thread: 2006-08-31 : I think my expectations are screwed

On 2006-09-07, Charles S wrote:

Worth can only be measured relative to the present moment, because that is all we have and all we ever have (we can include the expectation of future moments, and even the reasonable expectation of future moments, but not the future moments themselves). Worth can only be measured relative to our local area (just as evolution of all forms cares only about local conditions - I was going to say local optima, but I think local optima is too strong, evolution concerns only survival, which is rarely survival of that which is best, just that which is good enough for this moment here and now).  What is here and now matters. What we do here and now matters. If believing in an eternal soul somehow helps you to do right in the here and now, then all to the good. Certainly belief in an eternal soul has helped a lot of people believe that what they did was doing right in their here and now (and believing that you do good in the here and now is the best you can do, knowledge being also contingent and local). That is how I conceive the universe (or my little corner of it). Infinite worth in the here and now really just means unmatchably large worth in the here and now, uncountable, unexceedable, not matched by adding together lots of little worths, no matter how many. No number of children enjoying the cat being tortured makes the cat's suffering acceptable. No utilitarian addition for some things.

I believe that I know what reason is, I believe that I know what tradition is, but honestly, I have no idea what scripture is. Obviously, to a Christian it is the Bible, new and old testaments. To a Muslim the Koran. To a Jew the Pentatuch (although I don't think this holds up for Reform Jews (the overwhelming majority of US Jews, and probably the plurality world wide, since many Israeli Jews are secular), at least, not where I'm going with the idea of scripture). Presumably the Haddith or the Talmud are tradition (as are church practice), but perhaps they become scriptural to some. But what are they, scriptures? What makes them other than tradition (its not just that they are written down)? Obviously, one's own scripture is different than tradition because scripture is True, but is that the key thing, not that it is true, but that you hold it to be true.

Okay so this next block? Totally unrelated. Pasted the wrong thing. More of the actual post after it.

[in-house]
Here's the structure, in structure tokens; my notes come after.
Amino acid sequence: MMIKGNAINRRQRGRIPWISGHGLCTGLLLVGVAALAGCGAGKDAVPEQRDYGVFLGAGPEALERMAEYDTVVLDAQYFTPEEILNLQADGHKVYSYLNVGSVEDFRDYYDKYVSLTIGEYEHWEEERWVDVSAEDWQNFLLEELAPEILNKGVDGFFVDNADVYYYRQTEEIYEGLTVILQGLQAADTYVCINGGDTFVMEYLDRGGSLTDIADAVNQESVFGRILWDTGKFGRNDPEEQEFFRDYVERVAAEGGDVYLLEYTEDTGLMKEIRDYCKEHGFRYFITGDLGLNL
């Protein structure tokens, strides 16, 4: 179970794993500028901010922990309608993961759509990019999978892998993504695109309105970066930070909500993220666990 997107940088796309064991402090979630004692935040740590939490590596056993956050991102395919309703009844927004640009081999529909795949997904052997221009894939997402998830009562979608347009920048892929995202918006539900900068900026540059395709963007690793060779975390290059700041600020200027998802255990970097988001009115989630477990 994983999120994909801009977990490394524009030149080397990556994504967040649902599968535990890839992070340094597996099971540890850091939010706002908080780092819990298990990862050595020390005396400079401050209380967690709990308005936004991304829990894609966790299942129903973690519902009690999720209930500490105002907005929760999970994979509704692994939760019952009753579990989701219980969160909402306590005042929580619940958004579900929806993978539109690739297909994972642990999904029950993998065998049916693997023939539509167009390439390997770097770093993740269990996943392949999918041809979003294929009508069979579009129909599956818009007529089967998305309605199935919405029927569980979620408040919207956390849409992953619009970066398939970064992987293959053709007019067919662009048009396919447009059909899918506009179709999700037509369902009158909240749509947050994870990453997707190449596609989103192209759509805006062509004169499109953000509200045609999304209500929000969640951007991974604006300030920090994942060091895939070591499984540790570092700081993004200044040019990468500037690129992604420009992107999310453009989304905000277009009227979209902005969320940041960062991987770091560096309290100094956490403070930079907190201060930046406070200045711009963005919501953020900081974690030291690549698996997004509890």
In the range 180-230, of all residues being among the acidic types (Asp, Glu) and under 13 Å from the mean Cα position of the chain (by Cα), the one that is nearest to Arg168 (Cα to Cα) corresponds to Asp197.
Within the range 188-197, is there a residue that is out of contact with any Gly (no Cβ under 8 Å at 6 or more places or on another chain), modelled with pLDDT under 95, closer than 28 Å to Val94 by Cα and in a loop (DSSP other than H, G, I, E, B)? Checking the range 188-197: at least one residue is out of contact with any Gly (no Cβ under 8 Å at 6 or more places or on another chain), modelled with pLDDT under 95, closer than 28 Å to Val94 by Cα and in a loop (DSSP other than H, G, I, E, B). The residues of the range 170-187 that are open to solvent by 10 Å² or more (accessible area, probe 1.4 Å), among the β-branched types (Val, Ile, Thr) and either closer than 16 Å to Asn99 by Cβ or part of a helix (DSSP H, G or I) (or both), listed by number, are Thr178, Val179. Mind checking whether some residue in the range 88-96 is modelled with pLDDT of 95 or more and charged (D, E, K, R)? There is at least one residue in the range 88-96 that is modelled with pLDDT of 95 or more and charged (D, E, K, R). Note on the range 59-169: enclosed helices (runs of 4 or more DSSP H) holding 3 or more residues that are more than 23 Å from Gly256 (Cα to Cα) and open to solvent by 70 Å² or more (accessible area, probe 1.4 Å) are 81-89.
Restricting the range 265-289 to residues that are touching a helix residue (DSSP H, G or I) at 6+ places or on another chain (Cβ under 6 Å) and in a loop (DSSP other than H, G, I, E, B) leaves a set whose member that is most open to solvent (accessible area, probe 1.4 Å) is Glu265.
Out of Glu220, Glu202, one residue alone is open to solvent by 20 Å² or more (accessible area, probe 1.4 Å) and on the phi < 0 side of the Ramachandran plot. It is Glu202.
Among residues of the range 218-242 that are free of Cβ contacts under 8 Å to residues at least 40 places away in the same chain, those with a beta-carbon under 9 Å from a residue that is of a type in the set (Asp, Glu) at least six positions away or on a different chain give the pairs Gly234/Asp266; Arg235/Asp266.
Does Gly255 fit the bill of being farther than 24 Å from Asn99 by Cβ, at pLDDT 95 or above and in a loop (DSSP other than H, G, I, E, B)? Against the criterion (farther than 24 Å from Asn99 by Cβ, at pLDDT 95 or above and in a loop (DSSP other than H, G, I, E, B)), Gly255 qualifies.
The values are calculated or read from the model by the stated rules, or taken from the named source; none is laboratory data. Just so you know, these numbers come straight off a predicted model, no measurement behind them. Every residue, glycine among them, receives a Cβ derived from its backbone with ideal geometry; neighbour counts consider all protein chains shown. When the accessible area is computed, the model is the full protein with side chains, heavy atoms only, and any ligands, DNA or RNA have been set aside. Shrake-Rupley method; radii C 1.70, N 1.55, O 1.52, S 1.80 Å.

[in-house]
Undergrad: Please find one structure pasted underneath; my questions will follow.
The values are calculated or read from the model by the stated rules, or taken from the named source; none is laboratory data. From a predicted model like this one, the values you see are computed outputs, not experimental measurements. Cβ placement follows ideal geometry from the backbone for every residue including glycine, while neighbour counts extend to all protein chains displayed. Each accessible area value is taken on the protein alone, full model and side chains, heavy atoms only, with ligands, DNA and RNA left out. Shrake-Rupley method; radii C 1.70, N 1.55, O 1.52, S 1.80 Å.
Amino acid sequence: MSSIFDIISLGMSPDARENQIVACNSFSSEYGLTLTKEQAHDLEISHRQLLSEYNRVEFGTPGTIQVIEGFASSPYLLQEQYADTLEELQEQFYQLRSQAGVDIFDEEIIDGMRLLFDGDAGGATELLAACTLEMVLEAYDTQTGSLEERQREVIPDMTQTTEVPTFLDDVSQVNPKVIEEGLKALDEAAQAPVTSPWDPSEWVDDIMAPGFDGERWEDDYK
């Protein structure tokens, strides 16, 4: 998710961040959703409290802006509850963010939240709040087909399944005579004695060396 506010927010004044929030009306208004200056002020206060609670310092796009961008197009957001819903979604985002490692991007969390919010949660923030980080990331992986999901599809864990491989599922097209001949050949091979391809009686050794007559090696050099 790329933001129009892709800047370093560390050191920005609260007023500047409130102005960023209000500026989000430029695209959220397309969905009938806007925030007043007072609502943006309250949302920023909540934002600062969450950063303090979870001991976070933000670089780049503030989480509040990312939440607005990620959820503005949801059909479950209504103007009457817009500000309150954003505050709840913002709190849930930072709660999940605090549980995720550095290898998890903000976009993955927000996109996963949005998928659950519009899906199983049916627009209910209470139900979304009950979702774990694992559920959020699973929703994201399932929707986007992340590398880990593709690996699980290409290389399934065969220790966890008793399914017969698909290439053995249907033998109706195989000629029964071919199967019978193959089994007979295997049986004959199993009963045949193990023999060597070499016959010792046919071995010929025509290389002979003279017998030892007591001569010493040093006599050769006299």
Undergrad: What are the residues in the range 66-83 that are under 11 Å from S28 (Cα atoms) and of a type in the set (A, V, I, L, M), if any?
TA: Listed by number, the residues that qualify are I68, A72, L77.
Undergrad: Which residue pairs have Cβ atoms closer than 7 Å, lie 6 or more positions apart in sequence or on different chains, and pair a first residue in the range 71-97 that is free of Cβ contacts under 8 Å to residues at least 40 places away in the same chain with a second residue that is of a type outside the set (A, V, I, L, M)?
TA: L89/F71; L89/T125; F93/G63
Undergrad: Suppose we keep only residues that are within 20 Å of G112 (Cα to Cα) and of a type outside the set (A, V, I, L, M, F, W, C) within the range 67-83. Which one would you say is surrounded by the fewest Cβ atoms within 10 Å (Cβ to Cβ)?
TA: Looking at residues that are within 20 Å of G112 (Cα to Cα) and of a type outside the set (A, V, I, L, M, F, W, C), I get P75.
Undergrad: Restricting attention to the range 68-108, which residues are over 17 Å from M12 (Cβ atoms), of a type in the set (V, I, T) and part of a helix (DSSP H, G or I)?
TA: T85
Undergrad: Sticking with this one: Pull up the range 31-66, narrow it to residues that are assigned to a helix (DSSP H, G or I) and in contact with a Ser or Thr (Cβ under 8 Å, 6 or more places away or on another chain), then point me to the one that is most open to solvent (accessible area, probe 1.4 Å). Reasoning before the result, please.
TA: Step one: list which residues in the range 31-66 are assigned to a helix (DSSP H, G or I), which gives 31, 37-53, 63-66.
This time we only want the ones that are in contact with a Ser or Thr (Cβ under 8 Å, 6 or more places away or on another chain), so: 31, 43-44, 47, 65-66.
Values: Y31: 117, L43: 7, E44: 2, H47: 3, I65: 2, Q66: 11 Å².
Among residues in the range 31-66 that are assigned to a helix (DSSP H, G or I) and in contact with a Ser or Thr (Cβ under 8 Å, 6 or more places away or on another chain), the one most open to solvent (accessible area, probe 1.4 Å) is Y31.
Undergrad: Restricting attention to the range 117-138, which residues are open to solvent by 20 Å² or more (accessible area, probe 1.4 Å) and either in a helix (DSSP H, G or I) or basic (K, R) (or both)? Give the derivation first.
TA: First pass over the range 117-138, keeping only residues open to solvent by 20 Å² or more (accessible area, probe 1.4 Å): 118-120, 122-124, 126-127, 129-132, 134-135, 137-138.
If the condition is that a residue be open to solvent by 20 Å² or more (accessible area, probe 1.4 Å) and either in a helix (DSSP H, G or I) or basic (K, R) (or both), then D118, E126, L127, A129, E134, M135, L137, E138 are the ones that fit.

First principles, established practice, and reason, is that what scripture, tradition, and reason are? I can see then the argument to try to always act on at least two of them (although most of the time we probably only act based on one of them). Oh, also, I think they could be described as gut, habit and thought.


Before getting that you merely mean well established first principles, I was having a very hard time seeing what your scripture had to say about using computers or cars. Seeing scripture merely as the established first principles derived from you holy text, I can see a little more what you mean. You certainly aren't guided by long established tradition, so you must be guided by first principles and reason (at your better moments). Still, I disagree, I think we are mostly being guided here by very young traditions, some only a few years old, plus, we hope, reason. Sometimes, as in Vincent's "touch base" comment (#88), by first principles.


This makes...
short response
optional explanation (be brief!):

if you're human, not a spambot, type "human":